On Notebooks: Breathing Life into the Pages

I’ve absolutely got a problem, and that problem is I love buying notebooks. Pocket-sized notebooks. Large notebooks. Notebooks so big you can use them as makeshift tables. Plain or decorated. Notebooks of sorts.

Don’t even get me started on notebook brands. I’m a reformed Moleskine addict, though I still buy their products from time to time. Targeted ads call out to me, showcasing brands of notebooks I’d previously never heard of and immediately want to try out for myself.

Suffice it to say: I love notebooks, and my collection of various notebooks–many barely filled if used at all–is a testament to this. But what, I recently have wondered, is a notebook for without actually filling it with something? Is it not then just a rectangular footprint of space occupied by so much potential?

These are the thoughts that actually keep me up at night, when I am trying to drown out the world at large.

I have long treated notebooks like sacred objects, only worthy of the perfect notes to be entered into them. Once I commit to cataloguing one idea in a notebook I could not bring myself to shift gears and use it for other things. That would be blasphemy. Instead, I needed another notebook. Let’s not discuss the notebooks I didn’t even use as they were just too nice to deface and defile with thoughts made manifest by way of words in ink.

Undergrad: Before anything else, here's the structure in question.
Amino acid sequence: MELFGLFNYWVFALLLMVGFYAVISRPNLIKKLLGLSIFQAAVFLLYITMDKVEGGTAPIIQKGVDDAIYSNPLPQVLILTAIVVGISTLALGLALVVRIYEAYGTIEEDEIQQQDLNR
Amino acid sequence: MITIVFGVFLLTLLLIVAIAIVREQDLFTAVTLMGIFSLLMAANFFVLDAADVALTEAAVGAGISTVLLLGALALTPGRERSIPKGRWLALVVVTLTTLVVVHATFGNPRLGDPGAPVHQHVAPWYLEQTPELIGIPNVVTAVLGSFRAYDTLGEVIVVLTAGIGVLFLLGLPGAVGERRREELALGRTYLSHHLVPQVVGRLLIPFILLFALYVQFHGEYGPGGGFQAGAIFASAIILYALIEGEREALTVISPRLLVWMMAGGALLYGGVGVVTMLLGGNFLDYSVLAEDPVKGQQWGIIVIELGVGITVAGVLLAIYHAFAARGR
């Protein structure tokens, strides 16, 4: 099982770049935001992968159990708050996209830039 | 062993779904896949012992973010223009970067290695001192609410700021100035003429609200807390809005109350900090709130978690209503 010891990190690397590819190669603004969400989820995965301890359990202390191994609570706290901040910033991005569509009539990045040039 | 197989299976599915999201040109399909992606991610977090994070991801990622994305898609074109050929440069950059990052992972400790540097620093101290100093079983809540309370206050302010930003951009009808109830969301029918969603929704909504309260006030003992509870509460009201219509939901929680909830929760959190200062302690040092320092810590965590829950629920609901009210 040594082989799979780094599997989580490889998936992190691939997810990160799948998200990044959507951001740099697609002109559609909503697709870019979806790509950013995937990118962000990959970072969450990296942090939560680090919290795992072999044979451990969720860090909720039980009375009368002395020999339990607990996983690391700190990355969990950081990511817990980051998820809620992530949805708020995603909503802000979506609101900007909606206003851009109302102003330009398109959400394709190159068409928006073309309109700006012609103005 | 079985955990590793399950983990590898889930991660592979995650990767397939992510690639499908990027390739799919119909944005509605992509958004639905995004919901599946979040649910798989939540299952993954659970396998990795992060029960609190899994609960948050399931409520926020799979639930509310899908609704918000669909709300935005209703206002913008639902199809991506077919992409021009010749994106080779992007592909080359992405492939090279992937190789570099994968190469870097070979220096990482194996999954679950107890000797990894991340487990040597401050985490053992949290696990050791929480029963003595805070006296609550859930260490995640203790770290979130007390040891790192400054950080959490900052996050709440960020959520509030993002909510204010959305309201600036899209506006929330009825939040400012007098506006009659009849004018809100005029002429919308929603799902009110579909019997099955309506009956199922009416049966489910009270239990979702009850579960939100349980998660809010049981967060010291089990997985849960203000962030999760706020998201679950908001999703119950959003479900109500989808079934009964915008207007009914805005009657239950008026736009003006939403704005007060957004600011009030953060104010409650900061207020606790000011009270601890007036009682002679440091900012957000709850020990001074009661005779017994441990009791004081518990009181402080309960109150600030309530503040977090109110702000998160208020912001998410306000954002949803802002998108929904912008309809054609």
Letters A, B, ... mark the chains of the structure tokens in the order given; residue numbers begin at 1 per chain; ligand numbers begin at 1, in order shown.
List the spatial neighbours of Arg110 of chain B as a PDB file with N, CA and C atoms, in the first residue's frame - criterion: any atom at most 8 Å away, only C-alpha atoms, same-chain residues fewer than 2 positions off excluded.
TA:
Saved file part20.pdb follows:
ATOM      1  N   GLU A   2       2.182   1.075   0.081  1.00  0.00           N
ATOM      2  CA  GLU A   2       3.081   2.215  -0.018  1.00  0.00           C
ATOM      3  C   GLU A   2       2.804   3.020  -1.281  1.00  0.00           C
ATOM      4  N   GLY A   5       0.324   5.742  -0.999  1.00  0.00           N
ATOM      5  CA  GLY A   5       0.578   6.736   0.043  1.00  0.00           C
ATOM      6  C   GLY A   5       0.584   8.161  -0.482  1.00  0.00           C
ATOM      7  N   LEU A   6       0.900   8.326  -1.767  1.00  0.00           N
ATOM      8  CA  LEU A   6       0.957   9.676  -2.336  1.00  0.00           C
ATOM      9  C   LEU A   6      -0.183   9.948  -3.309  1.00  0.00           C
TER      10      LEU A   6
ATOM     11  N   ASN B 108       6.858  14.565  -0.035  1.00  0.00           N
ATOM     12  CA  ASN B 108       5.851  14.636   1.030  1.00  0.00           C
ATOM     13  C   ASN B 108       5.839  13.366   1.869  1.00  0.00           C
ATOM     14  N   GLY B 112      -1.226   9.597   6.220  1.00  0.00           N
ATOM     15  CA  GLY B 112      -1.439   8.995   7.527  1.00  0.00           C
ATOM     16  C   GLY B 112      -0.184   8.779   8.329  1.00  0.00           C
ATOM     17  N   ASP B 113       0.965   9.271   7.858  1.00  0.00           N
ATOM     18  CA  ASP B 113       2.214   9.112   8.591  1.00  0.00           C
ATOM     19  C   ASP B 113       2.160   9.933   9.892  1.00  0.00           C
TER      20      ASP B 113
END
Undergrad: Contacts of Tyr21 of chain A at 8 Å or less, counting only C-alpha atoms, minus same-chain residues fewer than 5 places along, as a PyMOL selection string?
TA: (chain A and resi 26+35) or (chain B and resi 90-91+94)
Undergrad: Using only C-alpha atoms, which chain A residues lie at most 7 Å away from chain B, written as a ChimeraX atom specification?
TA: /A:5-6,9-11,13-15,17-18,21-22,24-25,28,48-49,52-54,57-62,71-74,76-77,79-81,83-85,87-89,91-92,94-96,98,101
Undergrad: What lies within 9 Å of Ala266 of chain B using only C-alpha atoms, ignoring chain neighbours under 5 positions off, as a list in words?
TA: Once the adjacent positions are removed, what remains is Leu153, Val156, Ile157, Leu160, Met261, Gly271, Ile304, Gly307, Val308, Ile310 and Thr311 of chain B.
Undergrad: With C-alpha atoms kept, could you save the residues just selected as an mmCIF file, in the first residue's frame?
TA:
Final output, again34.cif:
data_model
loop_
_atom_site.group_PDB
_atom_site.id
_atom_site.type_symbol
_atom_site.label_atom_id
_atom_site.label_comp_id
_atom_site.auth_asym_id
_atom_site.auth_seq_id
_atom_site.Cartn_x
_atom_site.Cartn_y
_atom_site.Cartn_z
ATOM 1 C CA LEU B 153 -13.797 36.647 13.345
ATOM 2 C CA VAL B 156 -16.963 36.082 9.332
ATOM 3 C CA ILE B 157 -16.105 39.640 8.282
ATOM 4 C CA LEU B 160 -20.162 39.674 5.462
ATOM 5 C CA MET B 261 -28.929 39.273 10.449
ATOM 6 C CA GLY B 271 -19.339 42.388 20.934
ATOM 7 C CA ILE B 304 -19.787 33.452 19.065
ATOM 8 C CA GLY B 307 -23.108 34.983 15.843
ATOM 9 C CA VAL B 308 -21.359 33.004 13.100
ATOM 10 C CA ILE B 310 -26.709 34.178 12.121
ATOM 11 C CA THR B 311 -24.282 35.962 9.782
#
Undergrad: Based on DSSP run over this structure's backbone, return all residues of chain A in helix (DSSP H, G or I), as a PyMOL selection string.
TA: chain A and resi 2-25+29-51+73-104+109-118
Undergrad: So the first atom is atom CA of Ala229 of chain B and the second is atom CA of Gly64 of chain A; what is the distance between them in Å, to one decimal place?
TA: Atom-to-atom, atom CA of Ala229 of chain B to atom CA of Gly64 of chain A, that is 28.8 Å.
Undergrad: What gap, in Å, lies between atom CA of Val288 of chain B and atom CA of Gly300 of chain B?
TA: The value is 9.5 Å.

This past week included organizing, somewhat, a number of these notebooks as well as purchasing the second of three Legend of Zelda Moleskine notebooks. They have Limited Edition nonsense to them, and they are very nice, so naturally I was paralyzed initially as to what I’d use them for other than display purposes.

Over the course of a conversation with a friend on Facebook, it hit me. I had, as Smee once said, an apostrophe. An epiphany. Lightning did, in fact, strike the Notebook Center of my brain.

I would use the Zelda notebooks, all three once I finished the collection, to fully reboot and revamp the Roger & Silence trilogy, a name that makes little sense to many but was a labor of love that I want desperately to revisit. Three very snazzy book ideas deserve three very snazzy looking notebooks, no?

As writers, I think we romanticize notebooks too much. They become these sacred objects instead of empty vessels to be filled with ideas and stories, characters and far-off places poured freely from our hearts and imaginations. They are treated as perfect objects, not to be marred by the words that could easily be kept track of within those pages.

Use the notebooks. Free those thoughts and fill those pages. In doing so, those notebooks are given a soul and a story. One day they will, if nothing else, be a treasure to sift through and a source of warmth on difficult days.

Happy writing, folks.

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